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Construction Act consultation

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A second consultation on the review of the ‘Construction Act’ (Part II of the Housing Grants, Construction and Re- generation Act 1996) was launched at the end of June by the Department for Business Enterprise and Regula- tory Reform (BERR), formerly the De- partment of Trade and Industry.

This is the latest development in the long running saga that started with the Budget in March 2004. Mar- ion Rich, BCSA Director of Legal and Contractual Affairs, explained: ”At the government’s request, industry

produced two reports on the reforms required to the adjudication and pay- ment provisions of the Construction Act. Government consulted on initial proposals back in 2005 and has now produced firmer proposals. The con- sultation ends on 17 September and the industry has been told that there is no scope for extensions to this deadline.”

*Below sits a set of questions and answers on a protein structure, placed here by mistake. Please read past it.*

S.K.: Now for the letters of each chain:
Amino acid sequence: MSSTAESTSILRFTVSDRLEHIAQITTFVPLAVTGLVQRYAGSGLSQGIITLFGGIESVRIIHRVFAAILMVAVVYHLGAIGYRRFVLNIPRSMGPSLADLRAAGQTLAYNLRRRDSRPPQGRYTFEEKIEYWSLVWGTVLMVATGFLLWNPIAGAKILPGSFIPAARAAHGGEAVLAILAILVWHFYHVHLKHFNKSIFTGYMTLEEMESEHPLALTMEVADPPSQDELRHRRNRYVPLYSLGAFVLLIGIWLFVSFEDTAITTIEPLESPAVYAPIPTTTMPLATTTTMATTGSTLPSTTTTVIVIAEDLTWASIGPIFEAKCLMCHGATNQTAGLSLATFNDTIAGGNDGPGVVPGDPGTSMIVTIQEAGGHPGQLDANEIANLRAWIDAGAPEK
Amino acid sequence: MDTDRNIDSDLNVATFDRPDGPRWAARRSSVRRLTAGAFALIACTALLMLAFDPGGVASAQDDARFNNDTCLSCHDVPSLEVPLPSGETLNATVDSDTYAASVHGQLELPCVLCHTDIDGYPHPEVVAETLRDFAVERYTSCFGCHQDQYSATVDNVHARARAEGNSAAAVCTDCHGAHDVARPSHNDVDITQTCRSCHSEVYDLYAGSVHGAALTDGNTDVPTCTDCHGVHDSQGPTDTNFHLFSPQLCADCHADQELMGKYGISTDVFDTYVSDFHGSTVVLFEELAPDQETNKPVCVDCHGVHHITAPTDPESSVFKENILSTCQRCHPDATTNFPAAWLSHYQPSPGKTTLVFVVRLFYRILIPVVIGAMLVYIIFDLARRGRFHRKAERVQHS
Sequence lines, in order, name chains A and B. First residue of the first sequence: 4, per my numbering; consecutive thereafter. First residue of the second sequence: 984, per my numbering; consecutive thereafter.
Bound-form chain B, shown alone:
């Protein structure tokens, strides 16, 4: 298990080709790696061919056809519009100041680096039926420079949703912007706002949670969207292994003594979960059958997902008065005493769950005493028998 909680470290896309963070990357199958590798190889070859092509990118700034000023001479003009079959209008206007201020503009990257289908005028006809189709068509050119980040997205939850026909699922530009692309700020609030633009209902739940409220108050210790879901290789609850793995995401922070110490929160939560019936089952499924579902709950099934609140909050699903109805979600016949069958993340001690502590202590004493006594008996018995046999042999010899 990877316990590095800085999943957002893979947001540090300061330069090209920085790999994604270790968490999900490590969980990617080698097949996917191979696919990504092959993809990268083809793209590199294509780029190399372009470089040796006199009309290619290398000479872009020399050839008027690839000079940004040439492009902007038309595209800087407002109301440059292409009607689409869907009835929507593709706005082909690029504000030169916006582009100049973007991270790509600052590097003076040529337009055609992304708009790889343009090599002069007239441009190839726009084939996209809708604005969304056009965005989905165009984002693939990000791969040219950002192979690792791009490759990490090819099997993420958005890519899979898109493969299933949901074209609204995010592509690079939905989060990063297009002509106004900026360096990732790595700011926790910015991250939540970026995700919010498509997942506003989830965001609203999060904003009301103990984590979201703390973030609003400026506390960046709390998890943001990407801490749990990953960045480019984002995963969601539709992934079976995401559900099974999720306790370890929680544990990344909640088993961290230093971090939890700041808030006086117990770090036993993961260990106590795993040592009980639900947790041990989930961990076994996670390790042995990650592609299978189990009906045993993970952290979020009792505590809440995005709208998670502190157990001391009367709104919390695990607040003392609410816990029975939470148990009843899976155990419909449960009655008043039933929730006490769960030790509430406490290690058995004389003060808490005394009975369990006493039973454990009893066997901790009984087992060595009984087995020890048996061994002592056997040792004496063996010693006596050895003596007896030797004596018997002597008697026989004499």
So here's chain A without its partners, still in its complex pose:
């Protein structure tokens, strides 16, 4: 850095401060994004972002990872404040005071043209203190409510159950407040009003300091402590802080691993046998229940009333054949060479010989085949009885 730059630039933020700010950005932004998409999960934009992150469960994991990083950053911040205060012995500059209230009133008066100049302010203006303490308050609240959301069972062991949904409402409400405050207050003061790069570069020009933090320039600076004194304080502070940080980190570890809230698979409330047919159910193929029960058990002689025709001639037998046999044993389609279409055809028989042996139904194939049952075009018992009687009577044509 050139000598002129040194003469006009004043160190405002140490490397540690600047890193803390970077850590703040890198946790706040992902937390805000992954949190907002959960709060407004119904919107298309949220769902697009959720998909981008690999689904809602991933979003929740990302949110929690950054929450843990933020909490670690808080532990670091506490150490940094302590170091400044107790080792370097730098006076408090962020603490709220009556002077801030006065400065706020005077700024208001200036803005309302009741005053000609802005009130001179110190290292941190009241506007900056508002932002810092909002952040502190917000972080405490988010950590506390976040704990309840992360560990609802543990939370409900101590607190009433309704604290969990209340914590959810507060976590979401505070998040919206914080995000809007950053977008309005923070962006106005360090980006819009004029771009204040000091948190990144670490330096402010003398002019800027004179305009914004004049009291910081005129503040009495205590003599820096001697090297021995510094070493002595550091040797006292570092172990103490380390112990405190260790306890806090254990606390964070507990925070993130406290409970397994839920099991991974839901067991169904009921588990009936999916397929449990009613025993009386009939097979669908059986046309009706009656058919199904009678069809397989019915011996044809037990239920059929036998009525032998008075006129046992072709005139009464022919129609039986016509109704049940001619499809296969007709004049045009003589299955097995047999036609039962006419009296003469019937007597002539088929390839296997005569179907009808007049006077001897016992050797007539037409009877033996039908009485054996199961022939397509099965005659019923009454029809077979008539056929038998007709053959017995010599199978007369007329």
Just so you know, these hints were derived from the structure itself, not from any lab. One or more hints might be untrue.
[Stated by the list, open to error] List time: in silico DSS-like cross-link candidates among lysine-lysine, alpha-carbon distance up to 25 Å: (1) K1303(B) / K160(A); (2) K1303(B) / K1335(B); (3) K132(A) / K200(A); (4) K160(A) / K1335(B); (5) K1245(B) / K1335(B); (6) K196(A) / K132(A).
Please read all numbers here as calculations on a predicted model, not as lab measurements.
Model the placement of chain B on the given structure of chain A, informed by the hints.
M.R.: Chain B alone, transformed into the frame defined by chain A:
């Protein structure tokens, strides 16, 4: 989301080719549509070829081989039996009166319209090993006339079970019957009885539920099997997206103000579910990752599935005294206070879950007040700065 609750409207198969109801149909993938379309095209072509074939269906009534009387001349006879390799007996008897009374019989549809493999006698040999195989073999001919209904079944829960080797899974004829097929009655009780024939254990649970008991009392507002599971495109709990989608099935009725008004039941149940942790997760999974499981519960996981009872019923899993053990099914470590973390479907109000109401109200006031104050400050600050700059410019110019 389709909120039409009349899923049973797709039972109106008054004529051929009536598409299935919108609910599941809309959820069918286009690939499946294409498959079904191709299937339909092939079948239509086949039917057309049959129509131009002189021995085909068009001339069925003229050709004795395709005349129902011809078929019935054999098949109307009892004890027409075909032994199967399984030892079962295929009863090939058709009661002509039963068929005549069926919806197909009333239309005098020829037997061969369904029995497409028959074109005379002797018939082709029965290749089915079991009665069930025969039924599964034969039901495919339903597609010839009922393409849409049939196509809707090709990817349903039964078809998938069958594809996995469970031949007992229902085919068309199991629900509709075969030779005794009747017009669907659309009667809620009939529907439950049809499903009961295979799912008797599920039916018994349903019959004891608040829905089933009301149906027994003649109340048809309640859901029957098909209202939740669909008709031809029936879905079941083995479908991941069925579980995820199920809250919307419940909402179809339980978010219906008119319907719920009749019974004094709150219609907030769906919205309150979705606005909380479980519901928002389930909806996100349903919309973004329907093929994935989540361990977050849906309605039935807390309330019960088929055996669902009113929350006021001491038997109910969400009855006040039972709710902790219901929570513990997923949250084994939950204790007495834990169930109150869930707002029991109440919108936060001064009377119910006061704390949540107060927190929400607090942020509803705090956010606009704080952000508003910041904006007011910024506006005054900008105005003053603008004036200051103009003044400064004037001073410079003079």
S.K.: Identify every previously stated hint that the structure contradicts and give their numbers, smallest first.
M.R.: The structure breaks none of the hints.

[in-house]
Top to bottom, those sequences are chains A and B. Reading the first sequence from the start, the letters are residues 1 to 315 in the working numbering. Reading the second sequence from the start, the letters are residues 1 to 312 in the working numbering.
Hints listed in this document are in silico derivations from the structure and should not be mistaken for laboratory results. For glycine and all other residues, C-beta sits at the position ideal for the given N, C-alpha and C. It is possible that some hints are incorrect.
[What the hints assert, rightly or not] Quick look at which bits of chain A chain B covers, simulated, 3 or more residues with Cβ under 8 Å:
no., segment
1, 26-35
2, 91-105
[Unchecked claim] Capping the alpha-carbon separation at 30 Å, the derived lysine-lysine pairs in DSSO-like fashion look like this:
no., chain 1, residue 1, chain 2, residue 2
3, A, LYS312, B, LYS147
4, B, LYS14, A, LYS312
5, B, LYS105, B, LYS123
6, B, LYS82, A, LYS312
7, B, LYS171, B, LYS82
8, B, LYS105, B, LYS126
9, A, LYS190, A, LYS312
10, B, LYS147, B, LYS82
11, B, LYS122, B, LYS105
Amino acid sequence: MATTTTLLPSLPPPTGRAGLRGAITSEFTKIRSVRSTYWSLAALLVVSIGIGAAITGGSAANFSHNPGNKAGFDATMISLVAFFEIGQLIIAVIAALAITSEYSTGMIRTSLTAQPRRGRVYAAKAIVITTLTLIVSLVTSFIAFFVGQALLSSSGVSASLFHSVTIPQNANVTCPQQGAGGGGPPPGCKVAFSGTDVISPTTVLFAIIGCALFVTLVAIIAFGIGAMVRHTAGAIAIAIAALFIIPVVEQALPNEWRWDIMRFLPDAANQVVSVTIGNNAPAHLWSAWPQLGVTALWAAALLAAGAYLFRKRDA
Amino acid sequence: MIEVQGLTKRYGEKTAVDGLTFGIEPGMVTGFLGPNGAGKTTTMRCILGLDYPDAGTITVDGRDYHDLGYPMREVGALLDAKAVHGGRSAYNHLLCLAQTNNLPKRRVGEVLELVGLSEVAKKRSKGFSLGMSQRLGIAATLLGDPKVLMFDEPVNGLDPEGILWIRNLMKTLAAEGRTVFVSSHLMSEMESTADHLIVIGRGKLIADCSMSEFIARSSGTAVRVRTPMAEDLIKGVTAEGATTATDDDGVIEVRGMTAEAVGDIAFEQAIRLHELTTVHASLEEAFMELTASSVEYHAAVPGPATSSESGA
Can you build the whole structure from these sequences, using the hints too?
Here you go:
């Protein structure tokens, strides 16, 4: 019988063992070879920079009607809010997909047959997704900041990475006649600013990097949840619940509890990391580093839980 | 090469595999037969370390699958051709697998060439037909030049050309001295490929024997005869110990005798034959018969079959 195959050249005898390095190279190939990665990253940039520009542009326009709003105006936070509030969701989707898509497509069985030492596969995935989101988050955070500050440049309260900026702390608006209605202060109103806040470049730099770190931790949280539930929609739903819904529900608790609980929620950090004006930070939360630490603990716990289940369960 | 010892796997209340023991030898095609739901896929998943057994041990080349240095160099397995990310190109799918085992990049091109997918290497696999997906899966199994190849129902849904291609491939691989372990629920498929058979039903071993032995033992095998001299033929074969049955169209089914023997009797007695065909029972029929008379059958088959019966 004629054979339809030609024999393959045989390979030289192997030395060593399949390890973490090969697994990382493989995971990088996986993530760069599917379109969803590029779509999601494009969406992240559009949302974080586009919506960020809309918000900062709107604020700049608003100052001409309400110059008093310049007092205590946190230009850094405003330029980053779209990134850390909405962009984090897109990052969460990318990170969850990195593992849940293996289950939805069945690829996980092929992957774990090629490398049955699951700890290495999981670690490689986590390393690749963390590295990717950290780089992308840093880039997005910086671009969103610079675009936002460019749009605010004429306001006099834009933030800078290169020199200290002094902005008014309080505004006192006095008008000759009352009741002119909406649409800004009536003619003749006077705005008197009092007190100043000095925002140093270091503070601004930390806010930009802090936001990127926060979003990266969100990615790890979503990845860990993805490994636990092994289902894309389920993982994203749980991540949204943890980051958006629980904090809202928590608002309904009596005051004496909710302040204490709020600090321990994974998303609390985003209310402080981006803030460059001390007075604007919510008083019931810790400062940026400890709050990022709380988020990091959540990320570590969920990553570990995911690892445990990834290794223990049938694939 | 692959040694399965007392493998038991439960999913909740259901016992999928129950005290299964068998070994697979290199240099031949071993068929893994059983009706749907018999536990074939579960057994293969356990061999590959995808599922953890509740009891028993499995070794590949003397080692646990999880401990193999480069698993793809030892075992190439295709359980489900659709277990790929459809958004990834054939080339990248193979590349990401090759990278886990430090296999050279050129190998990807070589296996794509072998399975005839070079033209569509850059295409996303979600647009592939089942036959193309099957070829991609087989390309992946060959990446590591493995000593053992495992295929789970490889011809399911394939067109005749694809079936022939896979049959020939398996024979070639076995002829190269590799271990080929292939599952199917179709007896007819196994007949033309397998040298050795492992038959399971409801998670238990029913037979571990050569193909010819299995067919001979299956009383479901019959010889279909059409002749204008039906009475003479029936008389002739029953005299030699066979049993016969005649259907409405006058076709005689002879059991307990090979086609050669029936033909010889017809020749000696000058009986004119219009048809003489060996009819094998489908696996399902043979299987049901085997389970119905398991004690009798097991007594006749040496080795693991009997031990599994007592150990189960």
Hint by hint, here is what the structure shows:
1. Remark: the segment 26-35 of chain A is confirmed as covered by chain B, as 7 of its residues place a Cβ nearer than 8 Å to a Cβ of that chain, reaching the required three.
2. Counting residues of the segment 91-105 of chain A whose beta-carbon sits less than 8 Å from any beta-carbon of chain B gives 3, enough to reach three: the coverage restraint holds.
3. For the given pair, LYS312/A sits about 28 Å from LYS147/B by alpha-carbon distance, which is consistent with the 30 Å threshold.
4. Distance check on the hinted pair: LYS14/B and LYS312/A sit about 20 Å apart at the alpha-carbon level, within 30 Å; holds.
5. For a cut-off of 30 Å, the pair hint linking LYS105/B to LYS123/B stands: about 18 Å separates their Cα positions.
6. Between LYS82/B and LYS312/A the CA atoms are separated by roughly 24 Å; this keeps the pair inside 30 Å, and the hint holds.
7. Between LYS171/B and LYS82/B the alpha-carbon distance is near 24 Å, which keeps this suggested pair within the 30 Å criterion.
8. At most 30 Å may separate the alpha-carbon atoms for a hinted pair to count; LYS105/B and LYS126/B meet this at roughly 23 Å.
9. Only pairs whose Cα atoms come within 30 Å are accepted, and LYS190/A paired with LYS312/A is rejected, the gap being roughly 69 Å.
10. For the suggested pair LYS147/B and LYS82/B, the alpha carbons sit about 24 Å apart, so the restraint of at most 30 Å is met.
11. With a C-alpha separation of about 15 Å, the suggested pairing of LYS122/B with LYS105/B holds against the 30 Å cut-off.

Mrs Rich said BERR’s proposals are sadly much reduced from those initially suggested by the industry.

“The good news is that government has listened to the industry and is proposing to abolish the neces- sity for construction contracts to be fully in writing for the Construction Act to apply at all,” she said. “It has, however, rowed back on its previous promises to get rid of the abusive practice whereby the referring party has to pay all the parties’ costs of the adjudication, no matter what the outcome. It is now proposing to allow agreements to this effect to stand, provided they are made after the ap- pointment of the adjudicator.”

BERR has accepted that there is a problem to be addressed regarding payments, but its proposals are com- plex and seem set to retain the cur- rent anomalous situation whereby the paying party decides how much is to be paid to the party who has done the work. Mrs Rich said: ”This is contrary to the universal practice of other industries.”

The consultation document can be found on BERR’s website at 39924.html 

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